China Opening Up Trade Relations Through CBD

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China CBD Trade

In Hong Kong and beyond, western companies are entering the new massive market.

China and Topical Cannabinoid Skincare

Entering into the Chinese market is difficult, as steep regulations surrounding cannabis make it difficult to enter. Noticing the CBD market’s potential, China is happy to enter into the industry but slowly. The most common CBD-infused products sold in the country are externally applied, such as skincare products and toothpaste, not your typical cartridge or tincture.

However, the Asia Pacific is the largest market globally for cosmetics. Interestingly, China is the biggest consumer of CBD toothpaste. Due to this unique position as a market, the rest of the CBD industry should keep their eyes on Uncle Bud’s, backed by Earvin Magic Johnson and Hempathy. Both of these American companies have been approved to sell their CBD products in the country. Hempathy is notable for being the first American manufactured, pure hemp-seed oil beauty brand to launch in China. Both have partnered with Alibaba Group’s Tmall, formerly known as tobacco mall.

Uncle Bud’s partnership with Magic Johnson and China is likely to hit big because not only does China love the NBA, but they are also starting to love CBD. With star power and growing interest, there’s sure to be a profitable corner to the market to find. Also, as the rest of the world is edging towards legalizing cannabis, China will likely follow suit and join the transformative 2020s.

In such a massive region as China, there are bound to be complexities and differences. One significant difference does exist, and there is a city within Chinese borders that already serves legal cannabinoid products in daylight businesses.

Special Regions, Special Rules, Hong Kong and CBD

The subject of many contentious headlines and stories, Hong Kong is technically a Special Administrative Region in China. While Hong Kong is a part of China and populated by Chinese people, several aspects of the country are unique, including its CBD cafes and pop-ups.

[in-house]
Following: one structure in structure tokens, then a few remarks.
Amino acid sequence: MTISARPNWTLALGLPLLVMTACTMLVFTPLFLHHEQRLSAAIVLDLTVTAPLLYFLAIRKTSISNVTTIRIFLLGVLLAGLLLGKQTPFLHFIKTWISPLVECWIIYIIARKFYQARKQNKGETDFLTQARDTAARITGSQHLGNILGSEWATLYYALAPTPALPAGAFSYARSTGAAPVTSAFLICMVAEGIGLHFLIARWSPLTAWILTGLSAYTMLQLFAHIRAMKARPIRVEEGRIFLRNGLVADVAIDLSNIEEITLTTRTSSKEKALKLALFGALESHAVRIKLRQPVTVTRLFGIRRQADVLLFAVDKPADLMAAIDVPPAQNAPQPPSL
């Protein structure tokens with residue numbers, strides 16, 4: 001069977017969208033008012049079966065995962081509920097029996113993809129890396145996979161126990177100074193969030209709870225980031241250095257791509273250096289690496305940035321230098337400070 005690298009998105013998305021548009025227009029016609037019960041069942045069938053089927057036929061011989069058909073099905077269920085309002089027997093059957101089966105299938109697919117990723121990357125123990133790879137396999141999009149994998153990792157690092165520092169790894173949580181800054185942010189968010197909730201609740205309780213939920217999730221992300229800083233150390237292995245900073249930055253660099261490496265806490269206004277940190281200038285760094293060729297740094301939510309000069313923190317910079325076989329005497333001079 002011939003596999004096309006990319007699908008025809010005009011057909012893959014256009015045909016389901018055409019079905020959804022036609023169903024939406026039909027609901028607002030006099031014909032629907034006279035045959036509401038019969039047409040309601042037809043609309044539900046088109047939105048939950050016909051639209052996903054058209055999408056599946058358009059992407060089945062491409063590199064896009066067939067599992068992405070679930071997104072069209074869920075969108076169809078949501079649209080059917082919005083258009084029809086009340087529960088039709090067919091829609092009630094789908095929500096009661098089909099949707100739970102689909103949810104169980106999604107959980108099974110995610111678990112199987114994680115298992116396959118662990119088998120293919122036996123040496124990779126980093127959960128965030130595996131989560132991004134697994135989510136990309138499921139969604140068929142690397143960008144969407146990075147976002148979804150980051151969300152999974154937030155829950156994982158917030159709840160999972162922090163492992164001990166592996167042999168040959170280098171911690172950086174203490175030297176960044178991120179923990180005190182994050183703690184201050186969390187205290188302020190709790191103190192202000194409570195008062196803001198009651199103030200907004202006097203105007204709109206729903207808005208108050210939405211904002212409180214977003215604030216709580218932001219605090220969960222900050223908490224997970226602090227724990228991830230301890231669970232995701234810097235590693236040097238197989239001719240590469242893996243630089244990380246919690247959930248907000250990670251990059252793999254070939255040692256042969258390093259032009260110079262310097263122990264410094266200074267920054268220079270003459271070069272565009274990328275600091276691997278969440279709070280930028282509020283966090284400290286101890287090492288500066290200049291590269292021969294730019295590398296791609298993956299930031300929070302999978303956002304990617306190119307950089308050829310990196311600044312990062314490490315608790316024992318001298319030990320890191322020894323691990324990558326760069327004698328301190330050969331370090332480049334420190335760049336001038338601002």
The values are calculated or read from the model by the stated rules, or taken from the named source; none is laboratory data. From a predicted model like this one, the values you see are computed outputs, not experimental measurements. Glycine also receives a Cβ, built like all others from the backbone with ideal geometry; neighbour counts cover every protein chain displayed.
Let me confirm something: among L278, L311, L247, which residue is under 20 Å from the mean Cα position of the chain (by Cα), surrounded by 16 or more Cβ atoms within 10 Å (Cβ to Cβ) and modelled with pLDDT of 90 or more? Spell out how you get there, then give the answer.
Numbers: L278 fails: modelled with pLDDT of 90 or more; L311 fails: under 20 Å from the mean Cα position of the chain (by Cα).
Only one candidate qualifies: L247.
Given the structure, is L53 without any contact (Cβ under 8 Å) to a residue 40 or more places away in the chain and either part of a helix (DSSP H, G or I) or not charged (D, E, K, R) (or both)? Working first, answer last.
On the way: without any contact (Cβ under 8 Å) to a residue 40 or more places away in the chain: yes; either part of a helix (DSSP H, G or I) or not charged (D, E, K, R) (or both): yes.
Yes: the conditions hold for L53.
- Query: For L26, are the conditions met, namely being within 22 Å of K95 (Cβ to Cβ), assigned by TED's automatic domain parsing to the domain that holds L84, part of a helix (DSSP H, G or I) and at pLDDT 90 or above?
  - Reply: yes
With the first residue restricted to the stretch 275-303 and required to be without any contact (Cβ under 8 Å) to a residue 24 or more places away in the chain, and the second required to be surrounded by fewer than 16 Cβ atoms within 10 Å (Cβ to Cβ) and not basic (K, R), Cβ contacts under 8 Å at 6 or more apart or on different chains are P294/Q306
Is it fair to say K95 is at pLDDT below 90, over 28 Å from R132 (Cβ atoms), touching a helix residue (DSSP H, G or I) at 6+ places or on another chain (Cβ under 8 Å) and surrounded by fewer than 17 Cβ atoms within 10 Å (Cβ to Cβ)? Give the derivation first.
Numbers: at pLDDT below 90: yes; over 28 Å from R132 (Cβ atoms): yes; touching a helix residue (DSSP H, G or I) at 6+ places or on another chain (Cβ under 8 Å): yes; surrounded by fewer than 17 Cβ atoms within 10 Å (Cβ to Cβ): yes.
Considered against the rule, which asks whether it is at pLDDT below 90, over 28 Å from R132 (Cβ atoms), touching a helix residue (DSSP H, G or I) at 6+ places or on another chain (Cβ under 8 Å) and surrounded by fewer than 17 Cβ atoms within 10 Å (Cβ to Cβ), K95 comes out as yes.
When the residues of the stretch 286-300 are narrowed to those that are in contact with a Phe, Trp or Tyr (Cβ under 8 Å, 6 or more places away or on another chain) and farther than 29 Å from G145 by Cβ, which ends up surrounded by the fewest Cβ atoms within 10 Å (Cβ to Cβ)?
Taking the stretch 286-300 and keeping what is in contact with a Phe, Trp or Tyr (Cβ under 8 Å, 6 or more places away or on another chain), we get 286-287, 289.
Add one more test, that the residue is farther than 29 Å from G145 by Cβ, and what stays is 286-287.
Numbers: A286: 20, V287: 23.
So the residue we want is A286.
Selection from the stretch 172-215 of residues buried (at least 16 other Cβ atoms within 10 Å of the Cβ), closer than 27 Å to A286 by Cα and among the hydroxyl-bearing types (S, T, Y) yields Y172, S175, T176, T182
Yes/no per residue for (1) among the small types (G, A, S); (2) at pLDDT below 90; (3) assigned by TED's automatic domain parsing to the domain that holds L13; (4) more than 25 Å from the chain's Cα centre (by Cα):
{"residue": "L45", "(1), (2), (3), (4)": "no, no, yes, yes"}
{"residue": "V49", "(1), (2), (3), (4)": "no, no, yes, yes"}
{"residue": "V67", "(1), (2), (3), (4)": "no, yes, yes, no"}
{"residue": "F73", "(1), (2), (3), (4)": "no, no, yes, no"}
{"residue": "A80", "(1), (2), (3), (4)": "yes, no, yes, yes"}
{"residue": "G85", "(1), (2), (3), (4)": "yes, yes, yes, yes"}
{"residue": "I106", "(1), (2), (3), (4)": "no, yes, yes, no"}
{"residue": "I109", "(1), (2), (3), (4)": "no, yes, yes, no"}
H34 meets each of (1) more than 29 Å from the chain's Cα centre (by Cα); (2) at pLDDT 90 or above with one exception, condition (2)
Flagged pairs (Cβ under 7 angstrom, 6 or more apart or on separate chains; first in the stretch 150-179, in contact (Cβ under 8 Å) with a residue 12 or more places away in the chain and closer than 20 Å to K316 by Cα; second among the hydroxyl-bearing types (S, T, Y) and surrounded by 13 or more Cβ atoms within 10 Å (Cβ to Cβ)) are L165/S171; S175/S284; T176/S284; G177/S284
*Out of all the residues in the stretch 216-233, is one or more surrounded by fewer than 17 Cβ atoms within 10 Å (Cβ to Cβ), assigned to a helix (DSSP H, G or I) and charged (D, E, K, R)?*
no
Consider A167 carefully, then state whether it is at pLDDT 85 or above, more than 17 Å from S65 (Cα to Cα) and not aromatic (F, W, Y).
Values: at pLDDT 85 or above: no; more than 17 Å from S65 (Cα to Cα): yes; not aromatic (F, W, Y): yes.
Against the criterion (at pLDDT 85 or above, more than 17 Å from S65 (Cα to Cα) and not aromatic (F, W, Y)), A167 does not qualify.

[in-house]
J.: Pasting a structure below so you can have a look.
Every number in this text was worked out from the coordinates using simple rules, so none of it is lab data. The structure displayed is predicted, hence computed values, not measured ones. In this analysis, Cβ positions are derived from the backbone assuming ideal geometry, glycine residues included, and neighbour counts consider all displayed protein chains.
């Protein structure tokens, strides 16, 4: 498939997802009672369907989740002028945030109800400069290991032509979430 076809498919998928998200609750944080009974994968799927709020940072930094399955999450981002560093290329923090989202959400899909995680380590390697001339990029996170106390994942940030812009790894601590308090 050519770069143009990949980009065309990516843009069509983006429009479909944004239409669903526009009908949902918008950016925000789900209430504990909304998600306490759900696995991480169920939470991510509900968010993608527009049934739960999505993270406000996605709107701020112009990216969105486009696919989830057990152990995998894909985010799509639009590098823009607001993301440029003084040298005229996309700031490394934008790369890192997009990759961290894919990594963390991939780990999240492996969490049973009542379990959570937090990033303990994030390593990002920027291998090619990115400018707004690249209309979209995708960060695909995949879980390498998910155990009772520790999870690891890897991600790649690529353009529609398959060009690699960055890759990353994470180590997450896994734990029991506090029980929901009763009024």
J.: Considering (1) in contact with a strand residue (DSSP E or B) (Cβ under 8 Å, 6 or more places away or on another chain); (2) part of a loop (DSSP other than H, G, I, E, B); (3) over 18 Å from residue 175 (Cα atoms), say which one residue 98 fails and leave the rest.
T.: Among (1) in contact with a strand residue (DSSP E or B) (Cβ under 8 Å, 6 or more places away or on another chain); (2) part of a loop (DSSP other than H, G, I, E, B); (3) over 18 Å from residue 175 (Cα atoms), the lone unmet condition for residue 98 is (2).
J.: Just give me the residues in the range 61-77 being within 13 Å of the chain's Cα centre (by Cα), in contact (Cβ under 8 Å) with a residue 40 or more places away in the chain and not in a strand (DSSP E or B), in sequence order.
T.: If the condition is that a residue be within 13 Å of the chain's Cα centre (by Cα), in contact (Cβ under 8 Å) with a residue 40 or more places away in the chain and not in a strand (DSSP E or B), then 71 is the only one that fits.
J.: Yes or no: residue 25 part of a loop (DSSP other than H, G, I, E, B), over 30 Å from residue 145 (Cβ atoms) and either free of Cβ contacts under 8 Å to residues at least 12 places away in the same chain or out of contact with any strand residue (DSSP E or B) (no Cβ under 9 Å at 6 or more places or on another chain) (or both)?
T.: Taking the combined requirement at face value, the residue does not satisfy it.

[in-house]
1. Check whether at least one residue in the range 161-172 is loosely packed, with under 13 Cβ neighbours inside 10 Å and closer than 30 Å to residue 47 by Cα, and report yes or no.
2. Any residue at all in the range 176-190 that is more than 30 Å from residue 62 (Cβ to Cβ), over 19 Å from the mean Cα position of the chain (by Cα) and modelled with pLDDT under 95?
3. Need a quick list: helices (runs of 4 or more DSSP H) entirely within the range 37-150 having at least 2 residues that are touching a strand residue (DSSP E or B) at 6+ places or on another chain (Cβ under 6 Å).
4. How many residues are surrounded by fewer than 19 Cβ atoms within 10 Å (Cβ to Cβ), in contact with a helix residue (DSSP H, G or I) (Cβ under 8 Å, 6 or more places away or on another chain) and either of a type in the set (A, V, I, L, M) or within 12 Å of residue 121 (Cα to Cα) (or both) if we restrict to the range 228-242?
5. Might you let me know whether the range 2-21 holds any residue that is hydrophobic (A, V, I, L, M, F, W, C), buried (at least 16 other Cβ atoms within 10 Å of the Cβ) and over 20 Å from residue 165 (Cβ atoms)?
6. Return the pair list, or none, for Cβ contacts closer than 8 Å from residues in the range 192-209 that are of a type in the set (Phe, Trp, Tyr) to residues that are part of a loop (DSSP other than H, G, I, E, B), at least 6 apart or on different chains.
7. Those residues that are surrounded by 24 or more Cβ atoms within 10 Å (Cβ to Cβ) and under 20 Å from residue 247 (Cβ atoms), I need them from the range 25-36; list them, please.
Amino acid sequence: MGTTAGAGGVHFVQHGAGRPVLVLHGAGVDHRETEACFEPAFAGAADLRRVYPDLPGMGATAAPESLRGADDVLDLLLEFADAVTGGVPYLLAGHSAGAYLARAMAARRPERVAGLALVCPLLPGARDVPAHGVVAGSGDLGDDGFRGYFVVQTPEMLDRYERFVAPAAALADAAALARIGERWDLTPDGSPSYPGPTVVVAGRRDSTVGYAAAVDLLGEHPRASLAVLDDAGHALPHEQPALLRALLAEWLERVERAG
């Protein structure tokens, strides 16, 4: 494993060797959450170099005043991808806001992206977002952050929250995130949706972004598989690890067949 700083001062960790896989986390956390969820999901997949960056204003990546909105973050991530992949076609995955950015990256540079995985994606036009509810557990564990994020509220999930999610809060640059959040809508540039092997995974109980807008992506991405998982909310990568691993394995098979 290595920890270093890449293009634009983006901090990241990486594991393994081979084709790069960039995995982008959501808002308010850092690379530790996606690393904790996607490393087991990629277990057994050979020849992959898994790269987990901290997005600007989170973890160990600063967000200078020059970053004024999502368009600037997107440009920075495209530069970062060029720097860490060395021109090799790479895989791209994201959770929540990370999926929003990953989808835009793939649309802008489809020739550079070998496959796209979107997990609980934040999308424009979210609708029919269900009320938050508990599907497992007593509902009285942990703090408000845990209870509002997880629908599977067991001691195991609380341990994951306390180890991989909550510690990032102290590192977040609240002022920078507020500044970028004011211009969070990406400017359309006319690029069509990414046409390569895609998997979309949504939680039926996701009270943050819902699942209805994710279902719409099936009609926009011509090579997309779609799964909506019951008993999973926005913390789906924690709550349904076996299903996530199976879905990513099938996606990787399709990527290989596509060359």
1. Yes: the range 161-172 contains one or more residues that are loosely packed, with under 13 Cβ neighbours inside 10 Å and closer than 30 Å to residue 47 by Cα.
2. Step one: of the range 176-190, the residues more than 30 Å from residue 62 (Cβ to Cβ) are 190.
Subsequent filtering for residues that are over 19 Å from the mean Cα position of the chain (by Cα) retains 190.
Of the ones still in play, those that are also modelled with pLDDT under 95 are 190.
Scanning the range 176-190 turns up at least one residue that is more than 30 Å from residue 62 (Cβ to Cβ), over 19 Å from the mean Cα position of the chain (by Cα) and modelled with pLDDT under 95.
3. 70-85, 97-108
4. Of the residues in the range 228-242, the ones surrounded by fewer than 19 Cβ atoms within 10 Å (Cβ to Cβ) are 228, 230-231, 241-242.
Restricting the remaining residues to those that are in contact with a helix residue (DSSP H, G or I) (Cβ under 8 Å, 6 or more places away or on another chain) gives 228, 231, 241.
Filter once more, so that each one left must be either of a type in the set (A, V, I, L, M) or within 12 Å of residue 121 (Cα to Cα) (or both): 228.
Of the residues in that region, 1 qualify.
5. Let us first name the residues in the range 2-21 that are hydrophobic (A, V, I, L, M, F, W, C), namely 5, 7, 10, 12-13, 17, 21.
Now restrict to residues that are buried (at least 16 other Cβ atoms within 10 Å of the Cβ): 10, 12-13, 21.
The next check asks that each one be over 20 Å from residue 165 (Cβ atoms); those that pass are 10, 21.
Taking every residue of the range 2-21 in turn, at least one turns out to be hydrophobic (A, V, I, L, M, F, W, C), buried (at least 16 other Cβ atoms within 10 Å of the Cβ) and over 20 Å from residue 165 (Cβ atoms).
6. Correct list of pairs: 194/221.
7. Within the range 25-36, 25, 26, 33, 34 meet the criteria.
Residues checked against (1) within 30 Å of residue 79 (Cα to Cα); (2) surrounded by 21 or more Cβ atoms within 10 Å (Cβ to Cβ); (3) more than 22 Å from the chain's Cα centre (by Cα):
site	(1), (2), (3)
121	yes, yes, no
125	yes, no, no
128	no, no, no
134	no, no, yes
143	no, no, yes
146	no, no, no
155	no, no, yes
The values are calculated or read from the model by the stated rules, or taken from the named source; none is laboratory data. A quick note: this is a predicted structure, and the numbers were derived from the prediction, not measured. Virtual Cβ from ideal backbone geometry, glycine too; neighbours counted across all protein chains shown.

According to Fiachra Mullen, a co-founder of Asia Pacific’s first CBD cafe, Found, “Hong Kong is one of Asia’s most progressive cannabinoid markets. Unlike other parts of the region — Australia, New Zealand, Singapore — it’s quite a progressive cannabinoid law in Hong Kong, so we can sell most cannabinoids in Hong Kong as foods as long as we don’t have any THC in the products,” Mullen told Sky News.

Now Pure Sunfarms, a company based out of British Columbia, Canada, partnered with Found and Lane Crawford, a Luxury Department store, to offer a limited-time gift set at pop-up shops around Hong Kong. These shops have been active since Nov. 13 and will be active until the end of December. Along with gummies specifically tailored to the Hong Kong consumer, Pure Sunfarms will be offering chocolates, bath salts, and tea bags.

Regarding Hong Kong law, the local center for food safety states that transporting any THC is prohibited due to the Dangerous Drug Ordinance, but that CBD is not treated as such. However, all products containing CBD and no prohibited substances must be registered with the Pharmacy and Poisons Board and meet standards before being sold. Still, this is much more relaxed than the rest of the Chinese region. Pure Sunfarms hopes that this collaboration can educate the Hong Kong consumer about CBD and spread awareness about the novel substance.

Trials Troubles and the Future of Cannabis in China

While the relationships between Canadian companies and Hong Kong are promising, custom officials in Hong Kong have blamed Canada for Hong Kong’s 500% in cannabis seizures from 2018-2019. However, as far back, or as recent as 1994, two of Hong Kong’s top judges were pushing for legalization.

Mr. Justice Godfrey, who became a Hong Kong High Court judge in 1986, said, “I am for decriminalization. Since human beings are allowed to smoke themselves to death with cigarettes, they ought to be allowed to smoke marijuana in the privacy of their own homes.”

Mr. Justice Kaplan, who became a High Court Judge in 1990, said, “there is clearly a growing demand for the drug and a lot of money to be made from it. So if someone is going to supply it, why should it be criminals? “Why not have the Government supply it? That way, its use could be much more easily controlled, its use restricted, and its users educated and separated from criminal elements.’

However, in the current environment, several teens have been arrested in connection to $7.6 million worth of cannabis imported to Hong Kong via air. Mr. Kaplan’s suggestions would almost certainly address this issue at its roots, and he was telling them to Hong Kong over two decades ago.

Deeper in China, progress is being made as a 150,000 square-foot EU good manufacturing practice compliant cultivation and extraction operation is being constructed by Mary Agrotechnologies in Yunnan. While the world waits for Chinese legalization, China will likely corner the market once it’s ready, just as it has for many other materials.

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